Prescriptions are still required

It’s important to remember that a pharmacy website cannot issue a prescription medicine without a valid prescription.

Prescriptions can only be drawn up by certain people, such as:

  • doctors
  • dentists
  • nurse prescribers
  • pharmacy prescribers
  • optometrist prescribers
  • podiatrists
  • or physiotherapists  

following a consultation.

In cases where you have already consulted with a doctor and received a prescription, you will need to provide a paper version or an e-prescription to the pharmacy, before they can dispense your medicine.

As part of their service, some pharmacy sites such as Treated.com offer also online consultations with GMC doctors, who can issue an e-prescription after assessing a patient. A consultation might include the competition an online health questionnaire by the patient, which is then reviewed by a doctor. Other sites may offer consultations with doctors through an online video call.

However sites which offer to fulfil prescription medicine orders with ‘no prescription required’ cannot legally do so. An online pharmacy either:

  • needs to be presented with a valid prescription from a certified prescriber; or
  • provide a means for the patient to obtain a prescription via an online consultation with a certified prescriber.  

In the UK, the General Medical Council (GMC) is the regulatory body for doctors and practitioners. To be able to practise medicine in the UK, a doctor must be registered with them.

If the website lists the names of the doctors prescribing or carrying out consultations on their behalf, you can check to see if they are registered here.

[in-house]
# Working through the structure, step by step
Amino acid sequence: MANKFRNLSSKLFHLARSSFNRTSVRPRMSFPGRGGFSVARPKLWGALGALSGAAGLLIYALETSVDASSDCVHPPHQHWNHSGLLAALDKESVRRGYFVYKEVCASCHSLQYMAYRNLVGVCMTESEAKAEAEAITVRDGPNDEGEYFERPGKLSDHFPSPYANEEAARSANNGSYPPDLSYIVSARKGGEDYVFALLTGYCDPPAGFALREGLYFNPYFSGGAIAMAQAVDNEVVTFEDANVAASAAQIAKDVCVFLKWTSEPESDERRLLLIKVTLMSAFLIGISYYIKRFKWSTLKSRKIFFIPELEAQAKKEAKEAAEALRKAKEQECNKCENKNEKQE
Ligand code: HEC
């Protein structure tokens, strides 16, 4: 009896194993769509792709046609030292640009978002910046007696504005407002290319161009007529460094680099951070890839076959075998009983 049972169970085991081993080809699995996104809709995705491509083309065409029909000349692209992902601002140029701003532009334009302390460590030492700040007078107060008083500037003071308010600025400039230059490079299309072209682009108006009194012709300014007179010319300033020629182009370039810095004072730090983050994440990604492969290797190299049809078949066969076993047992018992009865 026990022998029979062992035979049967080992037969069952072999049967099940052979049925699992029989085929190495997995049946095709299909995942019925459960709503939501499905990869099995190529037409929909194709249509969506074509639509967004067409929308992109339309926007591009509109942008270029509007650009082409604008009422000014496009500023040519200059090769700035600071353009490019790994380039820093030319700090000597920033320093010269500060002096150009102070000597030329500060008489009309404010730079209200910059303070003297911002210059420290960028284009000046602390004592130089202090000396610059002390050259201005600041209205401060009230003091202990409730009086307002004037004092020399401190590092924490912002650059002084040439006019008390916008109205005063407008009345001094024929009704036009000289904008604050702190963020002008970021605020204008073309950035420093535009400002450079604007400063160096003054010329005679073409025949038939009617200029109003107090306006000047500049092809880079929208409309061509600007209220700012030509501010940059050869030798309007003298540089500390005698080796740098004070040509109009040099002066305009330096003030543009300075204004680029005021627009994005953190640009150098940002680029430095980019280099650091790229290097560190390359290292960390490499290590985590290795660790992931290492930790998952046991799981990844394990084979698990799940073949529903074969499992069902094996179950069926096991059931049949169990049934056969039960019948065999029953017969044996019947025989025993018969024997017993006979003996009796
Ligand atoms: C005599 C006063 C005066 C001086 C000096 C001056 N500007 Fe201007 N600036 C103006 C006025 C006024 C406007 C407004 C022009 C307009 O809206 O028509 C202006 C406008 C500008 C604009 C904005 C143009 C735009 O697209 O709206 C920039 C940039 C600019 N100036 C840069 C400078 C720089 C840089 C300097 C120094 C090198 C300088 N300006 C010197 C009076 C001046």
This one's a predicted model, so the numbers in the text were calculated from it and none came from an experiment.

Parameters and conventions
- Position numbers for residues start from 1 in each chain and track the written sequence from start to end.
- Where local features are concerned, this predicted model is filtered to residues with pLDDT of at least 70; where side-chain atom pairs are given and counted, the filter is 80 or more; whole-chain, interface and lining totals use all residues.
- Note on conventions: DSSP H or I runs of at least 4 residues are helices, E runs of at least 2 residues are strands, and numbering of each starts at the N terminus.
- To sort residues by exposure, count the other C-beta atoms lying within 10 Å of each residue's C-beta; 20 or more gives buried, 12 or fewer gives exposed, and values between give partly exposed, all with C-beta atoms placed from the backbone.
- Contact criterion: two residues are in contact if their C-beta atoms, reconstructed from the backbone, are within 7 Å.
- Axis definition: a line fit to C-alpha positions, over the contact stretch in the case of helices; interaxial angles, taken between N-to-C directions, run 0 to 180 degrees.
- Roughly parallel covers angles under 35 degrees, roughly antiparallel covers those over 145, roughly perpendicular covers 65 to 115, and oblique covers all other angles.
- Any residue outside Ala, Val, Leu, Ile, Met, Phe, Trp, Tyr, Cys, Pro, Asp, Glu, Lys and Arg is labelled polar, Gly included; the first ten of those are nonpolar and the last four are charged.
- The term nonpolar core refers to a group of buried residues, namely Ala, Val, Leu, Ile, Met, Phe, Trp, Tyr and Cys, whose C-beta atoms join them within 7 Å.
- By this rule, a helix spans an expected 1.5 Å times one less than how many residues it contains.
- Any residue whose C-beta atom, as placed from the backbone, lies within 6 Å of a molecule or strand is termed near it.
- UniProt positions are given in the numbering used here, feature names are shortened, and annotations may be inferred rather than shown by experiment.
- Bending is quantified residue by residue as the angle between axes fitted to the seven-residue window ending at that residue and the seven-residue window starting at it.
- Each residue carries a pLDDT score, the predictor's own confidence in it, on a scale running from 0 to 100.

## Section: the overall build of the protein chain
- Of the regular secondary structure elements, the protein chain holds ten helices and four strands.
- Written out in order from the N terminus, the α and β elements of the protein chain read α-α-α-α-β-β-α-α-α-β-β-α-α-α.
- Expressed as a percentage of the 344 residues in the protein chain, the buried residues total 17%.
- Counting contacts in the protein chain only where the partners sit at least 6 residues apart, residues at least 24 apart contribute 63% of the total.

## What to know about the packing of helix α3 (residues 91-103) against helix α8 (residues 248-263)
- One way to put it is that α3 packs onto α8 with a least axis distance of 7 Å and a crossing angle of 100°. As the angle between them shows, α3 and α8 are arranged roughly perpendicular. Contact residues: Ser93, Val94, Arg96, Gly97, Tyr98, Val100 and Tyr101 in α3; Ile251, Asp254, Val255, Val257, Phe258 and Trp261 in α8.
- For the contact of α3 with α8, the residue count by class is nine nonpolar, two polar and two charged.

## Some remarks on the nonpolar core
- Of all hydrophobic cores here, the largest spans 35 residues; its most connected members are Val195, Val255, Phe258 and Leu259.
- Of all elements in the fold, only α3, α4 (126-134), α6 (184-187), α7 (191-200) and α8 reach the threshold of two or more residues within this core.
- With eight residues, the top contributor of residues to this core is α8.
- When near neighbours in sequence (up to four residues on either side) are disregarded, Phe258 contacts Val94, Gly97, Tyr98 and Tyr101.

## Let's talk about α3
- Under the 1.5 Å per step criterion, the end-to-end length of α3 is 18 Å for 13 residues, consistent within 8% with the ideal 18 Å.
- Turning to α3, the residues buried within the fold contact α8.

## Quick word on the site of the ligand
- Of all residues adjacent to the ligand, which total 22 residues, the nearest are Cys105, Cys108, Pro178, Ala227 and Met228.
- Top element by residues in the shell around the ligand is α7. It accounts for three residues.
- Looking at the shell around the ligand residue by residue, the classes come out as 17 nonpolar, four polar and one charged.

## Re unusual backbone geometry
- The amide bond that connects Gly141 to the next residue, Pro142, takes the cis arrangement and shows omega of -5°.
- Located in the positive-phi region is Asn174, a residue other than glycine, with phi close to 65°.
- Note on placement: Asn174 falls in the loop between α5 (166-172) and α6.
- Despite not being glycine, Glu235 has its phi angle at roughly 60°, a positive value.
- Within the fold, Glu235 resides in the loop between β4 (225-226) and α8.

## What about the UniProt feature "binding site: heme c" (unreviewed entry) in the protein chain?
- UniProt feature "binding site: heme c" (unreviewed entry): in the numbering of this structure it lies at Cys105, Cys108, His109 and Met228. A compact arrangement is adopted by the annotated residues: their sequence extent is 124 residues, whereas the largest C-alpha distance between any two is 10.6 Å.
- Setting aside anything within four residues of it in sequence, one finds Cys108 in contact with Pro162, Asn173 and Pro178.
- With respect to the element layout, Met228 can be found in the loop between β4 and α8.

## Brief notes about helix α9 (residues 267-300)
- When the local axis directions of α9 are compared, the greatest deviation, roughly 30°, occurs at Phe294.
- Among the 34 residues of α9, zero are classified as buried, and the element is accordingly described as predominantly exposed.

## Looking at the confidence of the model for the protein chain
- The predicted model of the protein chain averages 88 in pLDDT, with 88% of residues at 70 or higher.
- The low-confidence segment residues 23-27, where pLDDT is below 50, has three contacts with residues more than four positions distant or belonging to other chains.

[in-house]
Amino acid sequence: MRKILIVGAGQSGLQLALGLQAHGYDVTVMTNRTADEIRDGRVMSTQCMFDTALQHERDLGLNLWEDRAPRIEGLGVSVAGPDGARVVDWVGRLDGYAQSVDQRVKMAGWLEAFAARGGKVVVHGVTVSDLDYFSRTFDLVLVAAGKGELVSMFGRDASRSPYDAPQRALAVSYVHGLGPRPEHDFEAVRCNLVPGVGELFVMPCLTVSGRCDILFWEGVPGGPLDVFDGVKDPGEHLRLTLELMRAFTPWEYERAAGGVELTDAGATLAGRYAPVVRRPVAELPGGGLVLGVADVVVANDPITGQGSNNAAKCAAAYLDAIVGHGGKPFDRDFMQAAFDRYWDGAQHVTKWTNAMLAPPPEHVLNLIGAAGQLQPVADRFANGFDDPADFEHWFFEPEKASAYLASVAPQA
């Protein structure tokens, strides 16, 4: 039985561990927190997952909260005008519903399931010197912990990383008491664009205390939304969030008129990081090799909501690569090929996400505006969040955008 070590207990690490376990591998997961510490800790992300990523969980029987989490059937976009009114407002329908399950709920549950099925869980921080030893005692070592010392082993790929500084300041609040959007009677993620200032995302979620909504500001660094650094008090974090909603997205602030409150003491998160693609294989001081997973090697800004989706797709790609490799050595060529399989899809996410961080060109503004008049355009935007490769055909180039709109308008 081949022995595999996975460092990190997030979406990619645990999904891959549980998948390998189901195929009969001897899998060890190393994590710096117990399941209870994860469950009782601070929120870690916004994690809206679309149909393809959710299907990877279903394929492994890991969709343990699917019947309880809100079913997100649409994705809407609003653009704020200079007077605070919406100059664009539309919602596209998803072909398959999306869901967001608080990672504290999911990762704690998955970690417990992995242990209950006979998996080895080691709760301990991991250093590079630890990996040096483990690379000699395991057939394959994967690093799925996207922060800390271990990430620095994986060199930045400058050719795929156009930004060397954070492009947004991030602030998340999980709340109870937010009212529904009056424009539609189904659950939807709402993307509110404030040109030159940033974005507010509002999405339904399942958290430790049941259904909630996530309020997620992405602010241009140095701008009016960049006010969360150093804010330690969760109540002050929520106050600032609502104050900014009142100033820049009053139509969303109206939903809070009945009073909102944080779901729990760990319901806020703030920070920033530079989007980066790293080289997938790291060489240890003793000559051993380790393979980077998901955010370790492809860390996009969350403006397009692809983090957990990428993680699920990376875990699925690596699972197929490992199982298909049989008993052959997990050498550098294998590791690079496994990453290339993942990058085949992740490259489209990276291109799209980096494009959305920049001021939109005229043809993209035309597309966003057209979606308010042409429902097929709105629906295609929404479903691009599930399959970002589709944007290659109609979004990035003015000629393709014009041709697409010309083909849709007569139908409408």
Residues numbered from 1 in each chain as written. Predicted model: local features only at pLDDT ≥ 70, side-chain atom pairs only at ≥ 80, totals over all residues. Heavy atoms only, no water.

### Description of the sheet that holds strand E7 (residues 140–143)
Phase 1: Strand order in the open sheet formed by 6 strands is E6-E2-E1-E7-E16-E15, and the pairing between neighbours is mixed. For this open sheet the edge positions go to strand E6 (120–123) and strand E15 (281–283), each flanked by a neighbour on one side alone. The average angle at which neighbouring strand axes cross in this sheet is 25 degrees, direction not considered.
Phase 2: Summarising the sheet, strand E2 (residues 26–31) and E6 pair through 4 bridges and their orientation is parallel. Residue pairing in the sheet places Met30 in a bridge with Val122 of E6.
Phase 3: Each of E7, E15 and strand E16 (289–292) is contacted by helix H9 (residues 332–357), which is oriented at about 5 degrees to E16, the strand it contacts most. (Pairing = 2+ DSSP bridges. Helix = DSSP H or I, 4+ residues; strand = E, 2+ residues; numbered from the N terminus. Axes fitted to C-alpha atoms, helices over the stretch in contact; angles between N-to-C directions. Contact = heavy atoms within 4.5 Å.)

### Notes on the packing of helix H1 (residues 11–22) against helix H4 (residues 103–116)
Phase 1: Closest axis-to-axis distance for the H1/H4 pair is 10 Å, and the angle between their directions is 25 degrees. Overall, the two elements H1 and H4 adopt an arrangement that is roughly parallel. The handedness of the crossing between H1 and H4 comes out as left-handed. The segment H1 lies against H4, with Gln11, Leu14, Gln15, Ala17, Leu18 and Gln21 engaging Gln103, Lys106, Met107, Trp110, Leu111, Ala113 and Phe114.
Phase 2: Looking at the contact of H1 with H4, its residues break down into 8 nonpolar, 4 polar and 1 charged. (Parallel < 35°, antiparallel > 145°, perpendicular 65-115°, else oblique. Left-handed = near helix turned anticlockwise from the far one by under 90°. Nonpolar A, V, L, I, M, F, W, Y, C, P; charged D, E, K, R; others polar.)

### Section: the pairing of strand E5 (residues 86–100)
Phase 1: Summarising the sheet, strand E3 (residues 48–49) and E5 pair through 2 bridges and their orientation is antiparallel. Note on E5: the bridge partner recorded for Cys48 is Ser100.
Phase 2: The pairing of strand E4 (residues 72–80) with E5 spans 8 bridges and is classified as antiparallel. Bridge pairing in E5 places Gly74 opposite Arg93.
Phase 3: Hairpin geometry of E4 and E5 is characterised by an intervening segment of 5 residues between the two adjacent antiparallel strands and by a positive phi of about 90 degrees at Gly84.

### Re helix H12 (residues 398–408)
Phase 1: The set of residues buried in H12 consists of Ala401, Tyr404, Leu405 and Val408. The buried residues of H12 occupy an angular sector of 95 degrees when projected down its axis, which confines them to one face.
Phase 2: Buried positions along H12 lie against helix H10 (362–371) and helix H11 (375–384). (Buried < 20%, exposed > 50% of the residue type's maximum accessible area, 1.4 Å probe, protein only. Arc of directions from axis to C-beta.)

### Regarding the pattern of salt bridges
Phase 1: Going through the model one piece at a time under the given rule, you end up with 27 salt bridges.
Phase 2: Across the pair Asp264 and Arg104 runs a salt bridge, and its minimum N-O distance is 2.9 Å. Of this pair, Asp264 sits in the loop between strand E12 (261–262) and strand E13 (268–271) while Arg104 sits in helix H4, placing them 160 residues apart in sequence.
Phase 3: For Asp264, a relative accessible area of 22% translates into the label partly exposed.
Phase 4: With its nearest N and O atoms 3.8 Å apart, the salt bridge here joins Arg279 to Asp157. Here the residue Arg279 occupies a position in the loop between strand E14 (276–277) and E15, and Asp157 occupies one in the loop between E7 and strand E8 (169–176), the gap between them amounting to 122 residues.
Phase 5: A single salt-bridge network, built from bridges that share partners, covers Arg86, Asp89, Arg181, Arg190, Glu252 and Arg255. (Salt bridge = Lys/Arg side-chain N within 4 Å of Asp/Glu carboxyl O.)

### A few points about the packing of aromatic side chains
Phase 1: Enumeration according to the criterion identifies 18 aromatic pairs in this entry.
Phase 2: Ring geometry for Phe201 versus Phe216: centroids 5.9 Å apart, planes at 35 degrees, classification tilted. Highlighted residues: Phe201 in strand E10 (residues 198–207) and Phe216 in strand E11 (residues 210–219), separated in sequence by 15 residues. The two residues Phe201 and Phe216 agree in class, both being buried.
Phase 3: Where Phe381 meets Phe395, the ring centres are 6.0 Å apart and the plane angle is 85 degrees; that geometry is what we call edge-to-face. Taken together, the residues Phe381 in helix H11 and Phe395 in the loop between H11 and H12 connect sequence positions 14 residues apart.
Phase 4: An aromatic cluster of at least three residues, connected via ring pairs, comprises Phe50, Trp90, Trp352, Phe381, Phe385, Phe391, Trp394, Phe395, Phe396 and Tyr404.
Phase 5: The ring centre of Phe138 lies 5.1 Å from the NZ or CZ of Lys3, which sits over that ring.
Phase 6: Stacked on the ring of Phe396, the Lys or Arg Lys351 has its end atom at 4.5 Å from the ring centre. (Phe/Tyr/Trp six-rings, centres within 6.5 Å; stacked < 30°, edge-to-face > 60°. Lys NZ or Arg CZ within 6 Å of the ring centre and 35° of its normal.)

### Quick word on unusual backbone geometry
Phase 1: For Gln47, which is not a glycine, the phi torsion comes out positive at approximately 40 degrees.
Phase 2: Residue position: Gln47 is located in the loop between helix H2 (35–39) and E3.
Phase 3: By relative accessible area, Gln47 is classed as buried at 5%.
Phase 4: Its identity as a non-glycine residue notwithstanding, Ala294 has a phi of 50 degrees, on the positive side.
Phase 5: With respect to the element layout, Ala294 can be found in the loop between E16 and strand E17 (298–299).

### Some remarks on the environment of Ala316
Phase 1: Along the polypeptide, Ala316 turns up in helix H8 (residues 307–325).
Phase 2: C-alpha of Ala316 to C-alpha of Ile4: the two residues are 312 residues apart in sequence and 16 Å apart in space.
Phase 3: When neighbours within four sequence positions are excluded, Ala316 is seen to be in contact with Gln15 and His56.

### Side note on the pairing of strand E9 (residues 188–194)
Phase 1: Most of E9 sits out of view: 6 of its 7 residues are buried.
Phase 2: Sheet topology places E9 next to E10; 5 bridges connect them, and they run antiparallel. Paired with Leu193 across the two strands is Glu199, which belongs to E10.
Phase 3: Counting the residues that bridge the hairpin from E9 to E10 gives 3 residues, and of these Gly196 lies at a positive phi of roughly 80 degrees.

Professional communication

Pharmacists and people who run pharmacy services are trained professionals. It’s unlikely that a pharmacy operating legitimately will present itself in a manner which is unprofessional.

Before buying medicine online, it’s important then to look around the site you’re using, and consider the following:

  • Is it professionally presented?
  • Does the site offer information about itself and the services offered? Does it explain its processes?
  • Is there a contact number and address listed?
  • Is the content on the website well-written? Are there obvious spelling mistakes?
  • Is the website regularly updated?

Similarly, when someone from the site contacts you, via email or otherwise, this communication should also be conducted in a professional manner. Legitimate pharmacies are very unlikely to send out correspondence which contains obvious errors or spelling mistakes.

You can read more about safe online practices and protecting your information here.

Prices and payments

It is illegal for pharmacies to offer prescription medications on a ‘free trial’. Genuine pharmacies fulfilling private prescriptions are also unlikely to be able to offer prescription treatments at a heavily discounted price. Any site promising ‘special one-time offers’ on medicines should be treated with the utmost caution.

A legitimate pharmacy should also provide a secure means of making payment. Check to see if the site uses a recognised payment gateway. If the site itself takes card payments, it should do so over a secure connection using HTTPS encryption.